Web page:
Wednesday, 20 December 2006

The Dubai International Film Festival is covered by Sophie Tedmanson in today's The Australian. She travelled to Dubai as a guest of the festival and wrote just over 1100 words about her experiences.

They seem to have been rewarding, and justify the length of the piece. A lot of space is dedicated to the film Felafel by Michel Kammoun, a Lebanese director.

Also interesting is what an Iranian distributor of films, Katayoon Shahabi, says about the Middle East:

"We need such an event as the festival because we don't have a window for our region for cultural exchange," she said. "Especially for us to get to know each other better, for Arab countries to know Iranian films and how we can build our own bridges. It is a very good initiative, but there is a lot of work to do."


"Just because we're neighbours doesn't mean we know each other. We think we know each other but we don't," she said. "We have to create a public for our cinema in the region. The only way to save our region, through all the misunderstanding, war and politics ... is through educating people with culture."

This reminds me of what I read about European cinema while watching the telecast of an awards ceremony. Hollywood is so powerful, and successful at distributing its product, that other players are squeezed out of cinemas. It is important, they said, for European movie houses to support European distributors, so that an alternative voice could be heard.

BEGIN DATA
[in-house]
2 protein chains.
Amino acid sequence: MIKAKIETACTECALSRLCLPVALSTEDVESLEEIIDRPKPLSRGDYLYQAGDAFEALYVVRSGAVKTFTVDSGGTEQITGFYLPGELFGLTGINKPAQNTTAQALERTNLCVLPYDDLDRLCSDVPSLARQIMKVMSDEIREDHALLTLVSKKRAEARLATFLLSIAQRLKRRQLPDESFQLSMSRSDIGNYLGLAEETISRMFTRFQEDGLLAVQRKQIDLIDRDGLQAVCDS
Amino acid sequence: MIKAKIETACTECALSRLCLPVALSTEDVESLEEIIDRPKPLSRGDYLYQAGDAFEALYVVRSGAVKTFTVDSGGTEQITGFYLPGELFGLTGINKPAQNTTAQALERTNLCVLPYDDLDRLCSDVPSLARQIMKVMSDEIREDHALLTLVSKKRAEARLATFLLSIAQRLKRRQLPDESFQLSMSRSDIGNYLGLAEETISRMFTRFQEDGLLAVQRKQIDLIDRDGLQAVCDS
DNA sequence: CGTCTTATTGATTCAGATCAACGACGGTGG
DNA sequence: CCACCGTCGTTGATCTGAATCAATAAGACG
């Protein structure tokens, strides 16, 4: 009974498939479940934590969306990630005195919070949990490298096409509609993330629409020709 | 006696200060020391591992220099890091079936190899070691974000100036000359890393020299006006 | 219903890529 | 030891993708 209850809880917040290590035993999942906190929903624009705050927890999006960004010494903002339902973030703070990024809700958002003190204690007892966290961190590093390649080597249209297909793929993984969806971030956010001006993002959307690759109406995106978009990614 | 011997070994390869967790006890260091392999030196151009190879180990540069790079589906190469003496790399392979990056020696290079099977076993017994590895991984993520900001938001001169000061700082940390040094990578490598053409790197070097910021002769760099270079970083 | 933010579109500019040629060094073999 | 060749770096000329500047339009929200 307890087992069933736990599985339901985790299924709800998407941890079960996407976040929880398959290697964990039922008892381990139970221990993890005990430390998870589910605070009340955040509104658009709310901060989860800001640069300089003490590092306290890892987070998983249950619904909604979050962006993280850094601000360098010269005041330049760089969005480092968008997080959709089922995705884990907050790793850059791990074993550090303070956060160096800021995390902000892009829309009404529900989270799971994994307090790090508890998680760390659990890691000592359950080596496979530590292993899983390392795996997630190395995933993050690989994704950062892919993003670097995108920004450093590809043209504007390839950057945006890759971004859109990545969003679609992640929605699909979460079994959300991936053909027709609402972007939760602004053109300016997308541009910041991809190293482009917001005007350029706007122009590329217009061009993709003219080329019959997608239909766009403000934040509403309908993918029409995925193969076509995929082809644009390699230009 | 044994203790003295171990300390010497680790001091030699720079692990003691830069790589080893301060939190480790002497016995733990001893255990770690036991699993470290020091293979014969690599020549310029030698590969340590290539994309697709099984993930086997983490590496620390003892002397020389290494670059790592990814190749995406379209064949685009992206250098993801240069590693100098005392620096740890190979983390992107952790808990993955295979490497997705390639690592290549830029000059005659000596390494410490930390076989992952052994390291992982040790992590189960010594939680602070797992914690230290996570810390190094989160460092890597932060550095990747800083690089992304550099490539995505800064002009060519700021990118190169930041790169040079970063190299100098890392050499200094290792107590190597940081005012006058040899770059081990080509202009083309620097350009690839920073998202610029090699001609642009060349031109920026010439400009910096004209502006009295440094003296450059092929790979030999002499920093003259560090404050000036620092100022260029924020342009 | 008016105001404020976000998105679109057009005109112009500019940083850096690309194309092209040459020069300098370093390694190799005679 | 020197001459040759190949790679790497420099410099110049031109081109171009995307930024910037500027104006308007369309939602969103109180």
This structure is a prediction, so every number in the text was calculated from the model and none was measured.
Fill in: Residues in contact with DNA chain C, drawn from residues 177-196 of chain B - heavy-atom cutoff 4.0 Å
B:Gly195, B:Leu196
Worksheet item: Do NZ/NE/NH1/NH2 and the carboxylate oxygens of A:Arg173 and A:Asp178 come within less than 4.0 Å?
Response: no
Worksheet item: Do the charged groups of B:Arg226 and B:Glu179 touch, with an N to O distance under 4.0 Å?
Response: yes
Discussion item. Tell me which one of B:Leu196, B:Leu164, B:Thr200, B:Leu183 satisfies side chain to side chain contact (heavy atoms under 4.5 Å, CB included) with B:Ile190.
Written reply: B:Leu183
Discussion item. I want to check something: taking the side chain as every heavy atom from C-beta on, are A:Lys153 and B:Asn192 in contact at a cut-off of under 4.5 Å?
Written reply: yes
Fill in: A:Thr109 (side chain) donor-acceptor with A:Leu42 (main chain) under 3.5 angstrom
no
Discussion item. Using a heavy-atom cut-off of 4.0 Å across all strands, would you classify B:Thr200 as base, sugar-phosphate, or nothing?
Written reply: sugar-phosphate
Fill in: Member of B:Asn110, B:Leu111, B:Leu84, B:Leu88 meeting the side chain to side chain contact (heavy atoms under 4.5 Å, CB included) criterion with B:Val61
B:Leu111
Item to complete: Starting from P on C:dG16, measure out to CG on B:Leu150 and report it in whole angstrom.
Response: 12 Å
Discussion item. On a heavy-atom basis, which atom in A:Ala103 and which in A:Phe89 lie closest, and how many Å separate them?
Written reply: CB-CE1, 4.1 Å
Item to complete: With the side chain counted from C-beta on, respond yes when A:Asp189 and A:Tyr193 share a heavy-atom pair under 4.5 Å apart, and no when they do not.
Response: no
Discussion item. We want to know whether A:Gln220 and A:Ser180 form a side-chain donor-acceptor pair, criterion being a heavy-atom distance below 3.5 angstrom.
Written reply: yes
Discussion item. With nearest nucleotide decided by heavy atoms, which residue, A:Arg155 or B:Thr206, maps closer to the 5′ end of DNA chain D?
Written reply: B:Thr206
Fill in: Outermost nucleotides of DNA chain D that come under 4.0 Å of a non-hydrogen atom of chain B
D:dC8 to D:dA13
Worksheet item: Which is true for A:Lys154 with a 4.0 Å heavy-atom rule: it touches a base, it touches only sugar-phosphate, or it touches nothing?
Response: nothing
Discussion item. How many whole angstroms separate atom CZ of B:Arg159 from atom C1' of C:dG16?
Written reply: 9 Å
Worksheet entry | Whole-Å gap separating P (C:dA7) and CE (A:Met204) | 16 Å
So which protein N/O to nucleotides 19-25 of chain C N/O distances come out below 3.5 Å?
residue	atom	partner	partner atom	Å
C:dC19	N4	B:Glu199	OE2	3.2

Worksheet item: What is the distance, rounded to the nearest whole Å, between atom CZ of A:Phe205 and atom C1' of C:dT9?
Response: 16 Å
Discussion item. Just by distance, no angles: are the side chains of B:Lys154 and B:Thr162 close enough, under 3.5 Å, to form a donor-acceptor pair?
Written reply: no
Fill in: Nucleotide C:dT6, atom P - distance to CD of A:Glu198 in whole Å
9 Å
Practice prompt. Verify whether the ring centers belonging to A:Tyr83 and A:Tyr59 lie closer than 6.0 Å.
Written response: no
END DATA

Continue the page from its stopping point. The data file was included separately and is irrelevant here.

Nevertheless, on another point raised by Shahabi, I don't think that culture can be considered a force in education, nor should it. If it is, there is the equal danger that people will blame artistic productions for such things as "moral decline". Culture should be considered purely a method of entertainment. Anything further that derives from exposure to cultural products must be considered an additional extra, a side-effect, marginal to the main effect — entertainment.

Especially in countries where education levels cannot support liberal humanism. God knows, it's often enough that you hear the pundits complaining, in Australia, that television is a corrupting influence. It's even more likely to happen in places where morals are thought to require legal bolstering, such as in Middle-Eastern countries.

1 comment:

Mary Stratton said...

I have attended the film festival they are awesome.They are organised by the Event agency Dubai